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The Romance of a Pro-consul

The full text of the Sir George Grey biography is available here. A word to the reader of the book by James Milne, London, March 1911: "When Sir George Grey died, twelve years ago, he left a message as well asa name to the English-speaking people. It was that their future rested in the Federal Idea of communion and government. He saw, vision-like, theform of this new age arise, because changed needs called it. As Pro-Consul he laboured for it unceasingly in our over-sea Commonwealths, andSouth Africa has most lately given answer. Now, at a historic turning in British Institutions, we hear of "Federal Home-Rule," and that may be asignpost to far travel along the road which Sir George Grey "blazed."Certainly it sends us to the spacious life and high thoughts of the"Father of Federation," whom Time in its just goodness will also callthe Walter Raleigh of the Victorians. Hence this people's edition of abook wherein, "he, being dead, yet speaketh.""

A guide to Sir George Grey's career as soldier, explorer, administrator, statesman, thinker, and dreamer.
  • 1812 Born at Lisbon April 14, during the Peninsular War.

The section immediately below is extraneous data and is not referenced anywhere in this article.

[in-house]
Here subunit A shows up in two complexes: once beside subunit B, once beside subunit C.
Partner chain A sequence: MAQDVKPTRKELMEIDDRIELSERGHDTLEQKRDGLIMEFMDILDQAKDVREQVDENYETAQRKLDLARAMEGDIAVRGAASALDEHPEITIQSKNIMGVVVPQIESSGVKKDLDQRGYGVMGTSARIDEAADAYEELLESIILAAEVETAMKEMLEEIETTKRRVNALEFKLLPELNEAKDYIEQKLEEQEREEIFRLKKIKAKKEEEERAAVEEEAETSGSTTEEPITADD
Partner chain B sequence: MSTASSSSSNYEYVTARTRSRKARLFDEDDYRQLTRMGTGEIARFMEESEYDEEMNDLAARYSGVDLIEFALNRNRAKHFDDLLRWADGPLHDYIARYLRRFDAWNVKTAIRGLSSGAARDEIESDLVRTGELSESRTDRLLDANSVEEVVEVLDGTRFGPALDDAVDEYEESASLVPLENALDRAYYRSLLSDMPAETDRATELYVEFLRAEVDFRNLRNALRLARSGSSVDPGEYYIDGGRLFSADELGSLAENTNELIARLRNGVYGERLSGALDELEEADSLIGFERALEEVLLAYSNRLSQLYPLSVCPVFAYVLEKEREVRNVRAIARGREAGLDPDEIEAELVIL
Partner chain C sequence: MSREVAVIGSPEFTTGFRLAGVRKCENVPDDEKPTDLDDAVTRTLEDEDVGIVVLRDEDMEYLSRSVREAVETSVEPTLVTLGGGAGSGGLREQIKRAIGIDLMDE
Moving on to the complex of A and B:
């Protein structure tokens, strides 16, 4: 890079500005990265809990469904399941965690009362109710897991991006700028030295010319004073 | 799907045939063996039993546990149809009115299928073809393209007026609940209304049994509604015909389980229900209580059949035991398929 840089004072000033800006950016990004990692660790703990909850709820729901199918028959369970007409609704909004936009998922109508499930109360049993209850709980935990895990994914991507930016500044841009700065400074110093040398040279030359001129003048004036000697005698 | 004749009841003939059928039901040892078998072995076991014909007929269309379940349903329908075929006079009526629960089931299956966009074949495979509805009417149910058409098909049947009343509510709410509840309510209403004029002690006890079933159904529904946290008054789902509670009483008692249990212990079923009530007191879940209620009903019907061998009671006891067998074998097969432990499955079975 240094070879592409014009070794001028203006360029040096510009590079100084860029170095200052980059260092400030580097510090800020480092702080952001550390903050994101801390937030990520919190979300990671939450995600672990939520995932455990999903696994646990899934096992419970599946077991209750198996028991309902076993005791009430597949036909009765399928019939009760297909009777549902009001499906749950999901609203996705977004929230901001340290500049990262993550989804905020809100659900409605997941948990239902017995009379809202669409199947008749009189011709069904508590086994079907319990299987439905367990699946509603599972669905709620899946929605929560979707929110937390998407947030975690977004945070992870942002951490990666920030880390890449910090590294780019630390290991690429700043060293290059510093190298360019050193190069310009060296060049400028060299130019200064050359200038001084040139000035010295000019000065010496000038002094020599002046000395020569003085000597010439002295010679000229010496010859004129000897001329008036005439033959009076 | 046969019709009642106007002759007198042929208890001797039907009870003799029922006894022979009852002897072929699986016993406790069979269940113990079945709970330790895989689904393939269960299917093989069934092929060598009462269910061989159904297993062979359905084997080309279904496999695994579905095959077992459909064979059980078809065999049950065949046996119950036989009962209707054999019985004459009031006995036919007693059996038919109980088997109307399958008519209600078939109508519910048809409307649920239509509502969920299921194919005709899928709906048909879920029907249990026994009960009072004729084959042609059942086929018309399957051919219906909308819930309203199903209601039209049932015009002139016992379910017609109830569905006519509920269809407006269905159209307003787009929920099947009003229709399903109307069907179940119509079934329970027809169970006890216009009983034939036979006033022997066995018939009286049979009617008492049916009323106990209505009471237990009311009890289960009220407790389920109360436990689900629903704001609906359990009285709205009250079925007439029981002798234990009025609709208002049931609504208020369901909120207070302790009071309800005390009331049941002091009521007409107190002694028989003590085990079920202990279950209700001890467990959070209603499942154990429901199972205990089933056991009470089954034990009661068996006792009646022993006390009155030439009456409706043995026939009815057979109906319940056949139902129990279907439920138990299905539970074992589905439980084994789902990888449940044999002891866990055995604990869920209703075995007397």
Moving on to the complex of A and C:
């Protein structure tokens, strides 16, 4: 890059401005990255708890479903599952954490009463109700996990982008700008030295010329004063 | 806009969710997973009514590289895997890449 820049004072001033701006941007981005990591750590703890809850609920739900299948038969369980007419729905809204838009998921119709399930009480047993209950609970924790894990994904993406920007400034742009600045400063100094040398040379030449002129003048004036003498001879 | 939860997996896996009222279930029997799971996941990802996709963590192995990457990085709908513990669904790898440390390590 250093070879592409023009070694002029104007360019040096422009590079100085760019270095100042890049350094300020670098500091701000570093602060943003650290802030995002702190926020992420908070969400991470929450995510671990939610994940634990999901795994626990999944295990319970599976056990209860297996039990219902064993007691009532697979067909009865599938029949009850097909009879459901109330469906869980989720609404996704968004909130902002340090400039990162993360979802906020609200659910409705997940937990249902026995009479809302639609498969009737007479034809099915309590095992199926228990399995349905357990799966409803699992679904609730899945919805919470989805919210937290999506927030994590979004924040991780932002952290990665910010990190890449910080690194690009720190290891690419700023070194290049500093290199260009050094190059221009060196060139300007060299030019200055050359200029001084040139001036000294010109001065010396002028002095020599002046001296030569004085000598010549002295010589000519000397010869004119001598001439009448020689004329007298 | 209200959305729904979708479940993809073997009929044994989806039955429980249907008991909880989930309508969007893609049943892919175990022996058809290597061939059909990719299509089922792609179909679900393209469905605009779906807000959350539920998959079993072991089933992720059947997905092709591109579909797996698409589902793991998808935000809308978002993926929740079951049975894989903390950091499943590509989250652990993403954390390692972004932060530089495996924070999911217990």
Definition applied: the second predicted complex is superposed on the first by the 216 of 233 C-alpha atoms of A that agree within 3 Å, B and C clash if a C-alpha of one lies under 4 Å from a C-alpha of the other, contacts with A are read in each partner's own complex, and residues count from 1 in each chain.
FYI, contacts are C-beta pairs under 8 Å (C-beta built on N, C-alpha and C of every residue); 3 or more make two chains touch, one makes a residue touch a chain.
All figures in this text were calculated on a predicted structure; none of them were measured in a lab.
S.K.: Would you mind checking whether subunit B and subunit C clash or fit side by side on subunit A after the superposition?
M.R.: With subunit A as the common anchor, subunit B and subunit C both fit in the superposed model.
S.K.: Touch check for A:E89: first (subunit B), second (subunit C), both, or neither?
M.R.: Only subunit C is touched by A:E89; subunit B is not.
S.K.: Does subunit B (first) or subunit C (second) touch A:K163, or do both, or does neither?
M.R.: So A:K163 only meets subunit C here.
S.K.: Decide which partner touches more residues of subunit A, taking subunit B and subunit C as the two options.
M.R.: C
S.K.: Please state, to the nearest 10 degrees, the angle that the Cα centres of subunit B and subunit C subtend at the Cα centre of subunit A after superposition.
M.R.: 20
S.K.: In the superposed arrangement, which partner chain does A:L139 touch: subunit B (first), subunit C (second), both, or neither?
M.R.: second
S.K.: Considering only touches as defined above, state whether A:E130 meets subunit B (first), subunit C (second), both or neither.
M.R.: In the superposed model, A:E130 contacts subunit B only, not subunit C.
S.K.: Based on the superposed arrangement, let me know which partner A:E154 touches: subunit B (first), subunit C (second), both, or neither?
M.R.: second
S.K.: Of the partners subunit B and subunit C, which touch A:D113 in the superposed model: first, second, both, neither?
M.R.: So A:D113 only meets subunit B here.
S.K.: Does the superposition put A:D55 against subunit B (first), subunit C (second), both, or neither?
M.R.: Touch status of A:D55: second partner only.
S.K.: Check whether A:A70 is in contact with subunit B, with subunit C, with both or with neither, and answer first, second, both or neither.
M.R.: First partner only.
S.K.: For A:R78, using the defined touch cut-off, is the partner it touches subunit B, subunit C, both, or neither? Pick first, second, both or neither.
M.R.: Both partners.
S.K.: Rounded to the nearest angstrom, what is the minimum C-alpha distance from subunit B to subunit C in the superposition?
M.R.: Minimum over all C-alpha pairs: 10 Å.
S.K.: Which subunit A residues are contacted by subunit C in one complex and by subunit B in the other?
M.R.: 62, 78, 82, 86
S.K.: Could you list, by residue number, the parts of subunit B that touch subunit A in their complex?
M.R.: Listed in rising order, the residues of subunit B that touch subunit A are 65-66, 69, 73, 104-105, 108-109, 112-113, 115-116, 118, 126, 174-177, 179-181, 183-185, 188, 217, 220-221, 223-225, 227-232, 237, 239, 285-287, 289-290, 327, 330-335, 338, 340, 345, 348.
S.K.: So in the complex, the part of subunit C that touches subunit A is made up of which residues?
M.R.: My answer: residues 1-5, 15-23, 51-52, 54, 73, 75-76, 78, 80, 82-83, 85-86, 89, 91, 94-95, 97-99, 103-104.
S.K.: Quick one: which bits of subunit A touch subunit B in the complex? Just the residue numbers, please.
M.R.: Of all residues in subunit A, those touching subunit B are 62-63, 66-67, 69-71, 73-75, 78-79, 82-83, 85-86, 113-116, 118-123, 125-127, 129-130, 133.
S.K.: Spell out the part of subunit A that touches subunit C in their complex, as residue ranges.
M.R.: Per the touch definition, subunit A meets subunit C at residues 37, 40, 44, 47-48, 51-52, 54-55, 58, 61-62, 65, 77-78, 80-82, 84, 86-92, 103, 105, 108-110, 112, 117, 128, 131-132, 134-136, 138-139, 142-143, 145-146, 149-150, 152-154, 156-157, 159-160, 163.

• 1829 Gazetted from Sandhurst to the 83rd Regiment Foot, and served to a captaincy.
  • 1837 Sailed from Plymouth June 20, on the ship 'Beagle,' as leader of a Government expedition to explore North-West Australia. Engaged in this work, and as Resident at King George's Sound, until 1840.
  • 1841 Named to the Governorship of South Australia, aged 29; held it until 1845, and during that period rescued the Colony from a state of chaos, getting it on the high road to prosperity.
  • 1845 Appointed Governor of New Zealand, when the first Maori War was raging. Established peace and authority, and continued in office until 1854. Refused to proclaim the constitution first designed by the British Government and Parliament for New Zealand, and was given power to draw up another.
  • 1854 First Governorship of Cape Colony, to 1859. Two dramatic events of it were the rising of the Kaffirs, at the call of a girl regarded as a Messiah; and the deflection to India, where the Mutiny had broken out, of the troops on their way to Lord Elgin in China.
  • 1859 Re-called from the Cape, because the Government at home disapproved of his action in endeavouring to federate South Africa. Reinstated, but with orders to drop his federation plans; and remained at Cape Town until 1861.
  • 1861 Second Governorship of New Zealand, to 1867. Second Maori War.
  • 1868 Active in English public life to 1890; and in Australasian affairs from 1870 to 1894.
  • 1877 Was Premier of New Zealand to 1879 so achieving the unique distinction of ruling, in that capacity, a country of which he had twice been Governor.
  • 1898 Died London, September 19. Buried in St. Paul's Cathedral, September 26.

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